A treatise on coming out of quarantine, and the promise of unpredictable spring skies
“There is freedom waiting for you.
On the breezes of the sky.
And you ask, “What if I fall?”
“Oh, but my darling, what if you fly?”
A couple of days ago I wrote the last line of this to Loud Mouth Brown Girl on Twitter, and also to someone else who was musing about taking a Big Leap. This is the mother’s milk of my soul. I had no idea I was about to be faced with precisely the same thing.
Sharon Hurley Hall wrote a few days ago about turning down work which was effectively from her past, which allows her to focus on where she’s headed. Boy, was this also both potent and prescient. I don’t spend much time on Twitter, but lately I’ve been following some of my favorite Black female writers over there, and their journeys have been instructive.
They are becoming wilders. They may not even realize it, but they are.
So last night I called my buddy Melissa in Denver. Back in 2013, I was her first massage client who followed her right after she graduated from the Thai School in Denver to her home practice. A deep, rich friendship blossomed over the years. Melissa had a long background in project management in the moving industry.
Over this past year, Melissa, like so many others in the body work business, had to shutter her practice. She turned, as we so often have to do, to work that was available. At 63, she was still highly skilled, and so moving projects rolled in. Enough so that she was able to pay her bills and keep herself employed.
Recently she’d been contemplating several job postings in project management. One of them paid more than she’d ever made, and also offered her health insurance and key benefits. Not small things. But. But. I was supportive of her interest, because I could see the benefits. But. But.
She’d have to give up her bodywork, just as people were coming out of quarantine, in terrible need of just that. But well, income. But well, health benefits.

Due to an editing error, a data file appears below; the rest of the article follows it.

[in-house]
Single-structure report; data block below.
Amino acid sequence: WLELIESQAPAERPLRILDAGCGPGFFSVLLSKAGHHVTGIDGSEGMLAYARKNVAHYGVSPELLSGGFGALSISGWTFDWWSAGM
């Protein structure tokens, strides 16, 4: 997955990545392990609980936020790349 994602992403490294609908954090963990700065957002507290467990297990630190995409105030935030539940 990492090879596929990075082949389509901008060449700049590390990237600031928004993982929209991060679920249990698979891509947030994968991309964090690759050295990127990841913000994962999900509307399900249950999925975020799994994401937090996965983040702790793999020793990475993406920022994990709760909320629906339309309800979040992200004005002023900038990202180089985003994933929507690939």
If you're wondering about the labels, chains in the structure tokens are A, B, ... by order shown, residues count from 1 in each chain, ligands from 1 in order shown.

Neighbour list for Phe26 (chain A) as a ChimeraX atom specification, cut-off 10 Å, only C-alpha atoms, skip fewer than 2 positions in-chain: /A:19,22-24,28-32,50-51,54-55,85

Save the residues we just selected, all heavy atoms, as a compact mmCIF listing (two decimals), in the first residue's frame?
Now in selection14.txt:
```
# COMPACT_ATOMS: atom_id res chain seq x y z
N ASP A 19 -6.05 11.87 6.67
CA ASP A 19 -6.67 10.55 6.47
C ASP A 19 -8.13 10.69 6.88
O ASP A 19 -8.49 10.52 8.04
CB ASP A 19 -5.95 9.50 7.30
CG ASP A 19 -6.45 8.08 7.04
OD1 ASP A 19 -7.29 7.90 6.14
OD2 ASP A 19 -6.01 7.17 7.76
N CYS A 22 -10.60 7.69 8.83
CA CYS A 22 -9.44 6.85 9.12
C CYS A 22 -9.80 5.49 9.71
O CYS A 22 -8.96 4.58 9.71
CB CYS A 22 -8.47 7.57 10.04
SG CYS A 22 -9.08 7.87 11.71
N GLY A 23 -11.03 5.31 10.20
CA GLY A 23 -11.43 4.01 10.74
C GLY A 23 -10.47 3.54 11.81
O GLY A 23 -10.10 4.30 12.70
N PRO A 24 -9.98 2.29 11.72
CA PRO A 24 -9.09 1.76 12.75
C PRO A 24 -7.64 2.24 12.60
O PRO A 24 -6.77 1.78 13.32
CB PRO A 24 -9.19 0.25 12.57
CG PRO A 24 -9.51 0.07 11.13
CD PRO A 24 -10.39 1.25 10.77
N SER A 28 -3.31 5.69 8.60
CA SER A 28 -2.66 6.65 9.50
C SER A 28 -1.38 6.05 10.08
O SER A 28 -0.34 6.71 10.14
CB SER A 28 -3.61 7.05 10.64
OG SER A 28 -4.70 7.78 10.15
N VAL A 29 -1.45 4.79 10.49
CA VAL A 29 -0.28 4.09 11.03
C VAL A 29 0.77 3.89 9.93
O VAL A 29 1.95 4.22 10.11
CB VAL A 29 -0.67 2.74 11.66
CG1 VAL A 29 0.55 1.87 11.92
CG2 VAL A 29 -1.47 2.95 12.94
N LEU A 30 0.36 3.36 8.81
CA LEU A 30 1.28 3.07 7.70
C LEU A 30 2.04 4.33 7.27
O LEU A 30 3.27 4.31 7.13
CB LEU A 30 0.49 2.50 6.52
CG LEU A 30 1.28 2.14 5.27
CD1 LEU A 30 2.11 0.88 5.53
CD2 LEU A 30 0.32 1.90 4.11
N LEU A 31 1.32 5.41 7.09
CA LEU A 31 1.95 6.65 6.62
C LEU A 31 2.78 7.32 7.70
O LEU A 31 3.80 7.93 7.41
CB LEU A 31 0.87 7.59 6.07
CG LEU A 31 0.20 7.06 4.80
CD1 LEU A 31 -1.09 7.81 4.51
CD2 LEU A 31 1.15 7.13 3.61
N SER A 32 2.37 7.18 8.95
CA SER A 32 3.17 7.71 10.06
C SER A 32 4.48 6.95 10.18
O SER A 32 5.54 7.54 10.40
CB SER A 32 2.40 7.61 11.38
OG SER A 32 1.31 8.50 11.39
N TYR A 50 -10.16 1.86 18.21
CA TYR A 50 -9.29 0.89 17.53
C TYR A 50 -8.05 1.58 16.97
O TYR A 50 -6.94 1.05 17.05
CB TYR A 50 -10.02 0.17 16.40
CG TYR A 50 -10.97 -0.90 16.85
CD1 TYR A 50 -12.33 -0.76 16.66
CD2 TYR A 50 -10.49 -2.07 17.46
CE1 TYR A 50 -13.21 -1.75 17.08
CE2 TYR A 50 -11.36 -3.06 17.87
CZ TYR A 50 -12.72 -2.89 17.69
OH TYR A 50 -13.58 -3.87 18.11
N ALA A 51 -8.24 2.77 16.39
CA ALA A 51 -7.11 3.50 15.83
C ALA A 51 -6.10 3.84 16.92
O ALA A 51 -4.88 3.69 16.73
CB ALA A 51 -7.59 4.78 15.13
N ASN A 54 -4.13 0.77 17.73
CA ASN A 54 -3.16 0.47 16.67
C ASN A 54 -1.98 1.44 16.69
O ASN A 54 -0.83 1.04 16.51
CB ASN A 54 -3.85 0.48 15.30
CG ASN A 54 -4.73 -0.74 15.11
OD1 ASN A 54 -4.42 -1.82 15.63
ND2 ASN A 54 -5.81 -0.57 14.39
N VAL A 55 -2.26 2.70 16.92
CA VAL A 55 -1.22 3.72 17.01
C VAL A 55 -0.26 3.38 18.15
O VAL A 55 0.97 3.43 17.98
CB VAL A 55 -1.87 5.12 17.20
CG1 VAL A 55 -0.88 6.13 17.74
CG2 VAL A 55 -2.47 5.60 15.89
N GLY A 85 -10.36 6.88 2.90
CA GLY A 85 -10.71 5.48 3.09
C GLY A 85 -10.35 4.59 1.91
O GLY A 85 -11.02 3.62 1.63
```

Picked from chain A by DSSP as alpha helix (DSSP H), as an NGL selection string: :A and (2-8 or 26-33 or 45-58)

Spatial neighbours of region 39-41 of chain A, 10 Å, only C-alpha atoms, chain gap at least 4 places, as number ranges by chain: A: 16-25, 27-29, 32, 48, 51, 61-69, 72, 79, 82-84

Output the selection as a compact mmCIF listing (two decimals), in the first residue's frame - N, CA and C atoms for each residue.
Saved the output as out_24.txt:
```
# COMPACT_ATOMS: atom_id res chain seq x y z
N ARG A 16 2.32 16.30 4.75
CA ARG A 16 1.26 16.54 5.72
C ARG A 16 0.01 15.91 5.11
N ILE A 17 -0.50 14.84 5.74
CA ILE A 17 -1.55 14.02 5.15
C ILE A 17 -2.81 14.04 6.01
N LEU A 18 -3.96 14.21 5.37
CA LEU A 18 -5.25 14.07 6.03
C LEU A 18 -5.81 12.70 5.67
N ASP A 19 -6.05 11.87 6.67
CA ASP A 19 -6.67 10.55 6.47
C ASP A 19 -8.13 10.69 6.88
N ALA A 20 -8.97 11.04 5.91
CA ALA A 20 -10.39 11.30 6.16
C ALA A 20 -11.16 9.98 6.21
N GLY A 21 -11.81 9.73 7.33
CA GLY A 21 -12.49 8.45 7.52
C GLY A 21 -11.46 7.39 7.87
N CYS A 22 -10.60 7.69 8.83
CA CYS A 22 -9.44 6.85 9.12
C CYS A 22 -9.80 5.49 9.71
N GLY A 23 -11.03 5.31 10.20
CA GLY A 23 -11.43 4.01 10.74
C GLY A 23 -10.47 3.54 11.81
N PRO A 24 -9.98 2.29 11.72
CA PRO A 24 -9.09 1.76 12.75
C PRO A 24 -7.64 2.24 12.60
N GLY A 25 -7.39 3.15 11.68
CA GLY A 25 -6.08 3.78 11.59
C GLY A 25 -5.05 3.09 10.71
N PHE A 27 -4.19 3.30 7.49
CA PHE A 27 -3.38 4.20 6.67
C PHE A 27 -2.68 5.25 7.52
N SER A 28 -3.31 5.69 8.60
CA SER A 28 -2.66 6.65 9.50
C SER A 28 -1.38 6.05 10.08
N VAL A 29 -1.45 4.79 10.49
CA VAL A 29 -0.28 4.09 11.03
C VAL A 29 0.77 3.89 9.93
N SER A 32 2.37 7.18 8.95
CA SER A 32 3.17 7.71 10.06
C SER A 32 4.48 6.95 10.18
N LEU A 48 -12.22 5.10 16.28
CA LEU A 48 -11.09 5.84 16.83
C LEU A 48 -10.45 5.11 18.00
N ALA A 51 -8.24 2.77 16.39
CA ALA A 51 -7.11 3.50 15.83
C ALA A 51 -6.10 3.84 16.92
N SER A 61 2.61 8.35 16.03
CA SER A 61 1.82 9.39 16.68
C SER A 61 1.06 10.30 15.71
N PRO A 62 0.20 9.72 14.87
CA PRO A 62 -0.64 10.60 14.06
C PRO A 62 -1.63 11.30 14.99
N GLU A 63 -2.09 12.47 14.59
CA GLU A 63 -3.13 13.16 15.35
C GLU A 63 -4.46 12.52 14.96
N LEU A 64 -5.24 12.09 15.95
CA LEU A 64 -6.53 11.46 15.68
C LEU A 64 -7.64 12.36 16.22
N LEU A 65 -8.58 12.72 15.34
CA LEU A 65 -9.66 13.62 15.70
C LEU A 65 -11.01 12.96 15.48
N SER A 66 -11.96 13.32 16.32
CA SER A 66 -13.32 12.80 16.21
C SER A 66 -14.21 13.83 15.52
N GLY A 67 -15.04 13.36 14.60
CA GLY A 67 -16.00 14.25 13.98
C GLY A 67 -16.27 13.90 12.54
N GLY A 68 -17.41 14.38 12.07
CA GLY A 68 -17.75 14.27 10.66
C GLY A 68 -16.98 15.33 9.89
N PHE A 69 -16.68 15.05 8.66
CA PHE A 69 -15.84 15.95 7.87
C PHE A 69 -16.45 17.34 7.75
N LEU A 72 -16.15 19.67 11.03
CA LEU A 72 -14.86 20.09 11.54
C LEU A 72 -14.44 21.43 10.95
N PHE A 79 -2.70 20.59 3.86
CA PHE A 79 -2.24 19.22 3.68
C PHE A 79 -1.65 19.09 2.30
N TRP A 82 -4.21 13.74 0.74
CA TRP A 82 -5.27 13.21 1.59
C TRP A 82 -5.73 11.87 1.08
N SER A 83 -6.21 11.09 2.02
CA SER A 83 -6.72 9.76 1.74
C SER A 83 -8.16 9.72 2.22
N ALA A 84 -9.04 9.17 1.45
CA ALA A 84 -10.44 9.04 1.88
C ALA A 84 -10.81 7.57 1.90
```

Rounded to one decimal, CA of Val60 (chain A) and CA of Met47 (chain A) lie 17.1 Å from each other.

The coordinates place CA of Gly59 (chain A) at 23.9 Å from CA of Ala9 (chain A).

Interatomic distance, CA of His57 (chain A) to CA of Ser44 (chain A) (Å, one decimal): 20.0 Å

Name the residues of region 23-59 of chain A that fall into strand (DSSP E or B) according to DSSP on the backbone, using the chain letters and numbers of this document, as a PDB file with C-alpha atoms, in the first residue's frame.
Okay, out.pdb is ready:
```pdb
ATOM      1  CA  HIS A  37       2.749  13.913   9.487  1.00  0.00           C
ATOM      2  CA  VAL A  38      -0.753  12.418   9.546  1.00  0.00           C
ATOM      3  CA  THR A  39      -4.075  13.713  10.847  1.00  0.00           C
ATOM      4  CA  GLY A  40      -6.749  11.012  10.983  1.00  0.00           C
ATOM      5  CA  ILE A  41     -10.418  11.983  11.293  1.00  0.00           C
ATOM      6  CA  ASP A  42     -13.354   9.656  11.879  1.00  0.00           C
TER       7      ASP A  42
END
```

But, well…… And then there was this.
Melissa told me that -long story short- only a few blocks away, the local office of Workman’s Comp was in need of a massage therapist. She promptly nailed the job. What she told me, giddy with delight, was that her pay was several more times what she might normally charge. To say nothing of the fact that the work was not only what she really wanted to do, but within walking distance.
The Universe finds it hard to deliver dessert when your plate is full of stuff you think you want and need, but really don’t. Give it to the dog under the table, already.
I was in crisis myself. I had worked very hard to help a friend get in front of a Very Big Client, and said friend had been successful (to our mutual delight). Said friend wanted me to come along on the journey, and to my frustration, I said yes. There followed a few weeks of deepening angst on my part, until I had a total meltdown last night. I was in tears about it.
Here’s the short version: I have no interest in returning to this kind of work full time, having invested years and years on developing my chops for adventure work. I’d moved to Eugene in part to study to become a large animal massage therapist, as that, like with my buddy Melissa, is where my heart lies. I am MUCH happier scrubbing the ear canal of a happy elephant and standing in horse shit than I ever was doing high end consulting work.